How the War in Gaza Mobilized the American Left

Support for Palestinians, a cause once largely championed on college campuses and in communities with ties to the region, has transformed into a defining issue of the Democratic left, galvanizing a broad swath of groups into the most significant protest movement of the Biden era.

Through daily organizing sessions on Zoom and grass-roots campaigning in battleground states, a sprawling new iteration of the pro-Palestinian movement is now propelled both by longtime — and sometimes hard-line — activists and by mainstream pillars of the Democratic coalition.

Organizations that are usually focused on climate, housing or immigration are regularly protesting Israel’s military campaign in Gaza, which followed the Hamas-led Oct. 7 attack and has killed more than 33,000 people, according to local officials.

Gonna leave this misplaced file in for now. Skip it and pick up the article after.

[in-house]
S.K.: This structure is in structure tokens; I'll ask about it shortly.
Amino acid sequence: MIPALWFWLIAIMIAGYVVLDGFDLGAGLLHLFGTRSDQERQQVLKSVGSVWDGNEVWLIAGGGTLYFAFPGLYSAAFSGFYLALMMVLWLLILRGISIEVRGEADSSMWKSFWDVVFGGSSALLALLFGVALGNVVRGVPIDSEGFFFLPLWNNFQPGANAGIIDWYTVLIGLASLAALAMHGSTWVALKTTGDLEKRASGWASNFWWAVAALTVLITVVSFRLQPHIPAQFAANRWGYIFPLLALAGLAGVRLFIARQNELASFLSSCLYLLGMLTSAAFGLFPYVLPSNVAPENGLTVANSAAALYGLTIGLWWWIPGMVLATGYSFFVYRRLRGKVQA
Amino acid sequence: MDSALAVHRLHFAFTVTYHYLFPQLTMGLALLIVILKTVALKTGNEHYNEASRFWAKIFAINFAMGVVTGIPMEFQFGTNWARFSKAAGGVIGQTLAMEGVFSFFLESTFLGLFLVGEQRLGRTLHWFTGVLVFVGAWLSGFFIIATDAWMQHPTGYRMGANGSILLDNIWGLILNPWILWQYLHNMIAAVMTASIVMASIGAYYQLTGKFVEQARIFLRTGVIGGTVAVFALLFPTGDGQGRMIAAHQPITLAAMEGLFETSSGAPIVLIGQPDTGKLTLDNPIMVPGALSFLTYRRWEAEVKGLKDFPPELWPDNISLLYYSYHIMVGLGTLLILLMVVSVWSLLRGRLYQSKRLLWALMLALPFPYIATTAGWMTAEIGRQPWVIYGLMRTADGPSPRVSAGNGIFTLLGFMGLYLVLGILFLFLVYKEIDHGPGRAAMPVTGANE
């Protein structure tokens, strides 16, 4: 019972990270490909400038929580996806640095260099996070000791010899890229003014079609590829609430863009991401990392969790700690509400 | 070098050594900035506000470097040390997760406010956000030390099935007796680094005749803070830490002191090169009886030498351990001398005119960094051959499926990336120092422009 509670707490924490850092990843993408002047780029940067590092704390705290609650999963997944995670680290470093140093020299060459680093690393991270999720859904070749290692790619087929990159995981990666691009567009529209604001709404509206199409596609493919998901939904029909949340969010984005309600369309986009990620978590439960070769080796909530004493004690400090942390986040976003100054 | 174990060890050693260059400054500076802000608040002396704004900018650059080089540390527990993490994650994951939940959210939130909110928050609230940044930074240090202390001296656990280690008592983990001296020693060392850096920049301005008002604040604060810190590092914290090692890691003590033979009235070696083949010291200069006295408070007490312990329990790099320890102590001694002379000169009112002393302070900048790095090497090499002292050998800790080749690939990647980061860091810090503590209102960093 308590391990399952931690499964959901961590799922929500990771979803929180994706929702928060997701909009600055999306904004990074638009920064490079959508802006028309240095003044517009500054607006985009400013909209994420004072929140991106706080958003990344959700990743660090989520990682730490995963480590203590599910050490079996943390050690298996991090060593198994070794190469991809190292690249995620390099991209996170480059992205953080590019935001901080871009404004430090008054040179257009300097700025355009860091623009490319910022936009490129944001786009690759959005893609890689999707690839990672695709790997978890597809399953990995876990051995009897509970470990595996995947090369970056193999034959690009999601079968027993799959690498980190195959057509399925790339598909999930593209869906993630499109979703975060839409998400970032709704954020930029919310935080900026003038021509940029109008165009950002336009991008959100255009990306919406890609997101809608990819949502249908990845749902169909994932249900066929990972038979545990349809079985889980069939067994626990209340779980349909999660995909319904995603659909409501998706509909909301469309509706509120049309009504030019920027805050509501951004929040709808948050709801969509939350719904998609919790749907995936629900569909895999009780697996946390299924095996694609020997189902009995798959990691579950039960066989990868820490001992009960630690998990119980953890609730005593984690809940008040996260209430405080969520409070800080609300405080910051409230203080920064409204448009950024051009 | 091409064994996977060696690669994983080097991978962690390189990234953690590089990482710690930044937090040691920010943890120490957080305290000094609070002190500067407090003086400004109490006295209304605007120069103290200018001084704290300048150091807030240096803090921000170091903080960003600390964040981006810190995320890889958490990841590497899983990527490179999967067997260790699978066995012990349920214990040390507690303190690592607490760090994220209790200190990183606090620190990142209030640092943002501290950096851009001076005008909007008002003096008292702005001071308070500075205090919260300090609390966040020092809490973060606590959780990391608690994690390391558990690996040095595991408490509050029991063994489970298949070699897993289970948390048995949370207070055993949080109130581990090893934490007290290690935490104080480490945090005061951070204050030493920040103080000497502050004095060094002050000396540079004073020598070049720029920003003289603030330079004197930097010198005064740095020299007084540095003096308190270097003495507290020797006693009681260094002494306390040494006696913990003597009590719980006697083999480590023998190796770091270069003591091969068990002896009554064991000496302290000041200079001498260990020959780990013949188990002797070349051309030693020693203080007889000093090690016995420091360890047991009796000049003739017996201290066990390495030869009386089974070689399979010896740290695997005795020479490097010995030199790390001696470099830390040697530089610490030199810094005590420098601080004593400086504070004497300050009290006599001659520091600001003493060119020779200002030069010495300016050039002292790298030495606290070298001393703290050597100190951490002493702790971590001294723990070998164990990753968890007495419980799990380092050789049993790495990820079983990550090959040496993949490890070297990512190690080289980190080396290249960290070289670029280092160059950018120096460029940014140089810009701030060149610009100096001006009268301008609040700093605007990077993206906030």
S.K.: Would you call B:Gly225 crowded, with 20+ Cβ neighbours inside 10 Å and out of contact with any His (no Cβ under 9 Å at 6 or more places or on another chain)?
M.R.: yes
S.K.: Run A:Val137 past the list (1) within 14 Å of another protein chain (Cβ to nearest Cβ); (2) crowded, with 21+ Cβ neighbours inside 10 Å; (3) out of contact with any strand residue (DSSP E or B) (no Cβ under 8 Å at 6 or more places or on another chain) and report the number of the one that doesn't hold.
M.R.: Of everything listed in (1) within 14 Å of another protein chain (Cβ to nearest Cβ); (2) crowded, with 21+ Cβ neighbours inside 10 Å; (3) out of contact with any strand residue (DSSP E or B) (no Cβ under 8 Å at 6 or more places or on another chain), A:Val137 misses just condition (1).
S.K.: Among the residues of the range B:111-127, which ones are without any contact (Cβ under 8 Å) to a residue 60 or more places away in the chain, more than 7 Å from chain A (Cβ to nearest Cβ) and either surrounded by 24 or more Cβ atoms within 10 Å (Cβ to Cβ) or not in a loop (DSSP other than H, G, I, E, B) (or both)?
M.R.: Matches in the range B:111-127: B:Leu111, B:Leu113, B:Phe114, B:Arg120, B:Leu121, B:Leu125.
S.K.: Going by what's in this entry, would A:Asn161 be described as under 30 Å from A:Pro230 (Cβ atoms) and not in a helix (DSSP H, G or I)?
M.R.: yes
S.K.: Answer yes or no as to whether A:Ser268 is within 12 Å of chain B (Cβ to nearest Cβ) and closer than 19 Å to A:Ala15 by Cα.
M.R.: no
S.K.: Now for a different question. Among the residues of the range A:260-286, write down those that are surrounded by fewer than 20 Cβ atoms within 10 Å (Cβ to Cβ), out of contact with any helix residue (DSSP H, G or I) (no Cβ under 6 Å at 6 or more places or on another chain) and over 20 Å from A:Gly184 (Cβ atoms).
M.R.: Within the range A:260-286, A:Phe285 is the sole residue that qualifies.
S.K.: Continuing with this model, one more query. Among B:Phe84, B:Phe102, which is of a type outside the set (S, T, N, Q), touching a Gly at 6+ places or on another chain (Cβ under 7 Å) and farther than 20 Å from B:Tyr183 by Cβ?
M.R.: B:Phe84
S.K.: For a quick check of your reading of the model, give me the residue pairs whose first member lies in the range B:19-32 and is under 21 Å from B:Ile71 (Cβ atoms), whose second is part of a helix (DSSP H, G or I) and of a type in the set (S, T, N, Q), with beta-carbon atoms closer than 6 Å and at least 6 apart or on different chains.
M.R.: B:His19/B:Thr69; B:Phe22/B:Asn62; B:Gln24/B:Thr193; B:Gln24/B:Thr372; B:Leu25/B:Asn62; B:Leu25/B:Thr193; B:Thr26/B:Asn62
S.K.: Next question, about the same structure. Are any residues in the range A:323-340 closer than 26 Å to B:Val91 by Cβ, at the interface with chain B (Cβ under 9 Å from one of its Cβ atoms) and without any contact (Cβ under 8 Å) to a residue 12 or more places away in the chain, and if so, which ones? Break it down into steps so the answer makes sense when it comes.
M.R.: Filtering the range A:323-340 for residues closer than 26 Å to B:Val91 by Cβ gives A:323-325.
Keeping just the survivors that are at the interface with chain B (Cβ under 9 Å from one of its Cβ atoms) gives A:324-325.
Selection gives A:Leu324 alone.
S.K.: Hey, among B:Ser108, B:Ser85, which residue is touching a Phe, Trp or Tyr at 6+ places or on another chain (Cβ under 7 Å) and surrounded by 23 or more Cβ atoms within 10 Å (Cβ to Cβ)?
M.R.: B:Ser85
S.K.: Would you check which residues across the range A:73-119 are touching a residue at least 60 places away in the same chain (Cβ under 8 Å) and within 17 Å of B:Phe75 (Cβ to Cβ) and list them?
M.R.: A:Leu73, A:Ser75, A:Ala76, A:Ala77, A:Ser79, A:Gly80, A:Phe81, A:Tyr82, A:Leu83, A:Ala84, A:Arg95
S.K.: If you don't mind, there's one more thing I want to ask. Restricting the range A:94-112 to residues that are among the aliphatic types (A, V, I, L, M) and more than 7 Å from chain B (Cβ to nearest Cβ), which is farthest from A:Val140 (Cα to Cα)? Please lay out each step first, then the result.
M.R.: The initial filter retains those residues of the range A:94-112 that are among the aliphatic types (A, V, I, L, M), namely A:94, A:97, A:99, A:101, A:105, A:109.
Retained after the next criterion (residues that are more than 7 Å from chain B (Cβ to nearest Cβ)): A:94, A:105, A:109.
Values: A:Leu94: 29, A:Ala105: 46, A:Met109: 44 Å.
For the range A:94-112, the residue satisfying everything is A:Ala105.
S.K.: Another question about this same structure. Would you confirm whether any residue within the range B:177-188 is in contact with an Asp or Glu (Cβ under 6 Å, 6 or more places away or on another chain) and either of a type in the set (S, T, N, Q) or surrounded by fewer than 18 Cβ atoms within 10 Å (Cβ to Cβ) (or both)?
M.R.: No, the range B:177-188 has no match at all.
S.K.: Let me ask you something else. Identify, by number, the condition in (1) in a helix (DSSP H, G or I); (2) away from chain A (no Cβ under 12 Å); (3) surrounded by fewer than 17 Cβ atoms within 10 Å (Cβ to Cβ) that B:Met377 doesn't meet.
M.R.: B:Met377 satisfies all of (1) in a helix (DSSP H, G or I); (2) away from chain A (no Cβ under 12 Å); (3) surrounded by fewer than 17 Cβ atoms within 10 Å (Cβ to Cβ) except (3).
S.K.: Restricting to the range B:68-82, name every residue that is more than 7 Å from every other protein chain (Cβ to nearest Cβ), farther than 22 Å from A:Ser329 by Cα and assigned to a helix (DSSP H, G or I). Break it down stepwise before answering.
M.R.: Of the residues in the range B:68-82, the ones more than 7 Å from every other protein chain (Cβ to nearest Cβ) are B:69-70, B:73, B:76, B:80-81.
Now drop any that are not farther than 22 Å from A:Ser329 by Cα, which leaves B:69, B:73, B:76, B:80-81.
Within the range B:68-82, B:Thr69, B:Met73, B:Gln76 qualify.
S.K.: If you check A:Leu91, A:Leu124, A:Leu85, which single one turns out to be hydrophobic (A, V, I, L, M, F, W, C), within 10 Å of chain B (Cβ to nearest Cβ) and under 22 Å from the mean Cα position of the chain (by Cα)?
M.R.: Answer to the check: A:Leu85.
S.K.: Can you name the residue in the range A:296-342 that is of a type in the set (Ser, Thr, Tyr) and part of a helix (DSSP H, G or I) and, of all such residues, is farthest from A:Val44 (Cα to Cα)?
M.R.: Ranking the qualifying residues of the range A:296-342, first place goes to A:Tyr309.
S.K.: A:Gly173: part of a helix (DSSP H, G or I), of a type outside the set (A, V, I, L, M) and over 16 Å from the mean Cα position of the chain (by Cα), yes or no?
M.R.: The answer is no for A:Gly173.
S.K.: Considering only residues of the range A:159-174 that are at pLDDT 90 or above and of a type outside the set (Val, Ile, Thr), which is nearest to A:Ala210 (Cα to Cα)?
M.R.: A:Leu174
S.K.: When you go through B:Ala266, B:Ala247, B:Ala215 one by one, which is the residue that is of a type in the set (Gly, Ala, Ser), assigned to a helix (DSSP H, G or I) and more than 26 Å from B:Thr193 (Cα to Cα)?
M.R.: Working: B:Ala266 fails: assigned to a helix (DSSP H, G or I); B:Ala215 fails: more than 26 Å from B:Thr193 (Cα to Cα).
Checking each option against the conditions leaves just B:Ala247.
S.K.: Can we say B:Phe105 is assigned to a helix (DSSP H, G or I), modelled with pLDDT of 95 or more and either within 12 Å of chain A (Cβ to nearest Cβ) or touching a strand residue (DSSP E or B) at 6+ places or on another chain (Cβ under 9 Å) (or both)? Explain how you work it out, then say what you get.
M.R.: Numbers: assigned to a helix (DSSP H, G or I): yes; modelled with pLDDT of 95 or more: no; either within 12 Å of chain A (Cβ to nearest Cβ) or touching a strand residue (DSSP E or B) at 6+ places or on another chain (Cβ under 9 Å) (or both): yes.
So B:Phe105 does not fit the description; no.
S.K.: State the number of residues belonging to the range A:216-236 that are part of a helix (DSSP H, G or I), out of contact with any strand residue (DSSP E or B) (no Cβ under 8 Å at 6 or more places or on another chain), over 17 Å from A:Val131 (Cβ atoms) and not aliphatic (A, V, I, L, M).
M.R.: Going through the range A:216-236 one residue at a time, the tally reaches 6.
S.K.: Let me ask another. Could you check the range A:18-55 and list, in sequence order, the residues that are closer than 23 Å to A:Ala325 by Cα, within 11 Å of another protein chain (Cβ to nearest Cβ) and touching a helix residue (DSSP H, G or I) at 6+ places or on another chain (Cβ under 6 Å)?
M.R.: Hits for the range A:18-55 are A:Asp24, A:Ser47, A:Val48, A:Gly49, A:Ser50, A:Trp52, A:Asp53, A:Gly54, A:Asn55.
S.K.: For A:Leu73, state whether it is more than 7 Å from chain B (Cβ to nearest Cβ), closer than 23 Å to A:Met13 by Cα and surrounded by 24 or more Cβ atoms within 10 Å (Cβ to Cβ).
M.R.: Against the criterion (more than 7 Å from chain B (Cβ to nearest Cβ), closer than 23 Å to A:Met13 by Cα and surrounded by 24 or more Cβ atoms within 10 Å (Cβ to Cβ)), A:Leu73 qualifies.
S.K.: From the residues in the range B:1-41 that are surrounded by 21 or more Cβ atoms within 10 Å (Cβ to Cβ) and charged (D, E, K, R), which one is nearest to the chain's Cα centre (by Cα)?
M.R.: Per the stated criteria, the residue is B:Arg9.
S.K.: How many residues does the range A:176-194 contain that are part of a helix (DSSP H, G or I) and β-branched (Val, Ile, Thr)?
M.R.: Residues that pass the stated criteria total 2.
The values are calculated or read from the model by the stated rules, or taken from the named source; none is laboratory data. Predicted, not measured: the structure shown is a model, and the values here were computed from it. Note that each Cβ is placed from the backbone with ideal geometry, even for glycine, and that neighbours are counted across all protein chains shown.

Labor activists are calling for a cease-fire. Black clergy leaders have appealed directly to the White House. Young Americans are using online tools to mobilize voters and send millions of missives to Congress. And an emerging coalition of advocacy groups is discussing how to press its case at the Democratic National Convention this summer.

“Maybe there was an idea that over time, the movement would lose steam, or it was just like a campus thing or it was like a far-left sort of protest movement,” said Maurice Mitchell, the national director of the Working Families Party, a progressive group that has often been more focused on domestic issues. “The opposite is happening as the humanitarian toll becomes so clear.”

Interviews with more than three dozen activists and others involved in the cease-fire cause, as well as their critics, reveal an effort that is at once increasingly powerful and also disjointed and difficult to clearly define. There is no single leader or organization at the helm, nor even a single name for the effort.

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